Harvey, North Korea Could Help Markets

Hurricane Harvey and more saber rattling from North Korea could end up supporting agricultural commodity markets, along with oil and gas, in coming months, market analysts say.

Stefan Redlich, market analyst, wrote in an editorial for Seeking Alpha that the two could support a variety of stocks, but others say events are conspiring to support commodity markets as well.

Hurricane Harvey hit Rockport, Texas, with a category 4 storm over the weekend and promptly ran into a high-pressure system that stalled its advance inland to its death.  As the storm sat near the Gulf, it sucked up moisture from the Gulf and deposited it inland causing massive flooding on a scale not seen in decades, if ever.

News coverage quickly moved from the wind-wrought devastation along the coast to the flooding in the Houston area.  Houston has received about 50 inches of rain from this one event, and localized flooding is common with a two-inch rain.

That much flooding and wind damage had to have damaged local crops along with oil and gas refining capacity.  And with an area the size of Greece under water, shipping and land transportation infrastructure had to have been damaged as well.

And with Harvey moving back out over open water before making landfall again, many fear more rain and flood damage to come.

Any crops grown in the flooded areas may be a total loss.  Cotton likely won’t recover.  Soybeans and rice could be gonners as well.  A little corn might be salvageable, but it’s a major unknown as well.  The losses to crop production in the US may raise prices.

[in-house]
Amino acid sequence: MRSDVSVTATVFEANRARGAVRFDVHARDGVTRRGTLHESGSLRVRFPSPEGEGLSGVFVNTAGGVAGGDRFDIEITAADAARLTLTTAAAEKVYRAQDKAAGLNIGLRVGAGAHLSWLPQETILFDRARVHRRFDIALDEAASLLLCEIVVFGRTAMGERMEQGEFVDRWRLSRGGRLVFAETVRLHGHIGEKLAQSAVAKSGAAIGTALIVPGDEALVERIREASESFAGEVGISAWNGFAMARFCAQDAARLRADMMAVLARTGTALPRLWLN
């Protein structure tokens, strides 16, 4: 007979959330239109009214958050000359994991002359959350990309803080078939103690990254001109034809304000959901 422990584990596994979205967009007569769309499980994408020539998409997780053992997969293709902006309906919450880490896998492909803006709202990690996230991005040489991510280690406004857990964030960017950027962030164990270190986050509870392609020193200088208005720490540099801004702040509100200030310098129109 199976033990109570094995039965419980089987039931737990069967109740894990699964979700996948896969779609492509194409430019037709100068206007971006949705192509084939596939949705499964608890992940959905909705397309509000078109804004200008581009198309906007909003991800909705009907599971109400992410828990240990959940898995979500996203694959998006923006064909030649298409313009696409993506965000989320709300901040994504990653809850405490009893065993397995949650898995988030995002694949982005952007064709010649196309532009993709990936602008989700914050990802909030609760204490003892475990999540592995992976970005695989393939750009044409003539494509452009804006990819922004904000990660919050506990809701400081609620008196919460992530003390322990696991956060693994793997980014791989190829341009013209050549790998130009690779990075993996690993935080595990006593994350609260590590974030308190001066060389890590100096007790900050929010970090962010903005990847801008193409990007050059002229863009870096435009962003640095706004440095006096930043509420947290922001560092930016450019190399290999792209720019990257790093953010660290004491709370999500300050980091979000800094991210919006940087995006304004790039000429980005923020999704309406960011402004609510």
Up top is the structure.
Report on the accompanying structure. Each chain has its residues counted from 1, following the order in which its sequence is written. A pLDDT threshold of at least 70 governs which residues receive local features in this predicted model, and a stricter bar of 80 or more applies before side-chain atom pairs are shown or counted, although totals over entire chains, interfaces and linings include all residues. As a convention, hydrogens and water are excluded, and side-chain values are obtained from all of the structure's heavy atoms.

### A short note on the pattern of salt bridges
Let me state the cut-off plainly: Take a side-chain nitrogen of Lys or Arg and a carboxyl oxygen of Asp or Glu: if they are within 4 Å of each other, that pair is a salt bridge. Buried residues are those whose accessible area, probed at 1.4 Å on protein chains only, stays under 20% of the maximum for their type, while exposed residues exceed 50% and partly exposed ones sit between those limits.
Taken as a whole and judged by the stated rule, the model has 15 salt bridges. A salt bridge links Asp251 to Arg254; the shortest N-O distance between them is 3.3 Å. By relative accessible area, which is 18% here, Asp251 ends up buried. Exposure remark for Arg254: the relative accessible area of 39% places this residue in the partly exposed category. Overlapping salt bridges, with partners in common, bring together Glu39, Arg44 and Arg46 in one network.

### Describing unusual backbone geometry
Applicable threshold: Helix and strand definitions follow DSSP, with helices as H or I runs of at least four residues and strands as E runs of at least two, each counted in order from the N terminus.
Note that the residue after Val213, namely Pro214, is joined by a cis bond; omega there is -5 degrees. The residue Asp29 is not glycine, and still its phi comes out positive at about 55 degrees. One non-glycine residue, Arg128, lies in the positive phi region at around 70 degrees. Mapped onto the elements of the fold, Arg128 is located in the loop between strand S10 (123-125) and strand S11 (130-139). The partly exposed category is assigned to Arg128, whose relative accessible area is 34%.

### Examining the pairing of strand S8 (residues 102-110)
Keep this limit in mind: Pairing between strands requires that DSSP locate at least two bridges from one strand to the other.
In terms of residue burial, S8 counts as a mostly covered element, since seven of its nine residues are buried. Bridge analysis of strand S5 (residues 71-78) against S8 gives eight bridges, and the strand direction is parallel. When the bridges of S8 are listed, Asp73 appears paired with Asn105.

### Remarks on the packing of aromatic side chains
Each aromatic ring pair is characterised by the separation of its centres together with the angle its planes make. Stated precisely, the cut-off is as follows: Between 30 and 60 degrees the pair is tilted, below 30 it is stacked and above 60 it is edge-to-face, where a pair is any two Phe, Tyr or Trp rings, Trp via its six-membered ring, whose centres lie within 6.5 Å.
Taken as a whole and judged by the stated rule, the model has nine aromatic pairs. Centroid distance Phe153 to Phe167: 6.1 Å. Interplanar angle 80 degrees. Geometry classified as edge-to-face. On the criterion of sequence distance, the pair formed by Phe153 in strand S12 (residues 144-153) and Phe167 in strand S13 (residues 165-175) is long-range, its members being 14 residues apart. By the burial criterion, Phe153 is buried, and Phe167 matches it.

Ever since mid-March, the US dollar has weakened against major currencies.  For instance, the US Dollar Index has fallen 9.25 points, or 9.06%, in this period, a major decline, analysts said.

That makes US products more desirable to foreign buyers since they are cheaper in terms of their own currency.  And an old trader once had a maxim that when altered only slightly says to judge relative value in terms of foreign currency.

So, if foreign currencies are rising in relative value and storm damage is high enough, prices for major agricultural commodities could be supported.

The degree of support may be regulated by the ability of the barge and rail industries to get product loaded and sent out, and this is a big unknown at this point.  Foreign demand could be very large, but if all or most of the ports are damaged by Harvey, it matters little.




Cattle traded Wednesday on the livestock exchange video auction at $105.10 per cwt on a live basis for 1- to 9-day delivery and at $105 live and $166 dressed for 1- to 17-day delivery.

Light cash trading was reported in Nebraska’s dressed market at $165 to $166, down $7 from last week.

Cash cattle trading in the Central Plains last week was reported at $107 per cwt on a live basis, down $3 from the bulk of the previous week’s action.  Dressed-basis markets traded at $172 to $173, compared with $175 to $177.

The USDA’s choice cutout Wednesday was down $0.05 per cwt at $191.72, while select was up $0.33 at $191.12.  The choice/select spread narrowed to $0.60 from $0.98 with 83 loads of fabricated product sold into the spot market.

The CME Feeder Cattle index for the seven days ended Tuesday was $143.34 per cwt, up $0.15.  This compares with Wednesday’s Aug settlement at $142.90, up $0.30, and the Sep settlement of $143.75, up $0.72.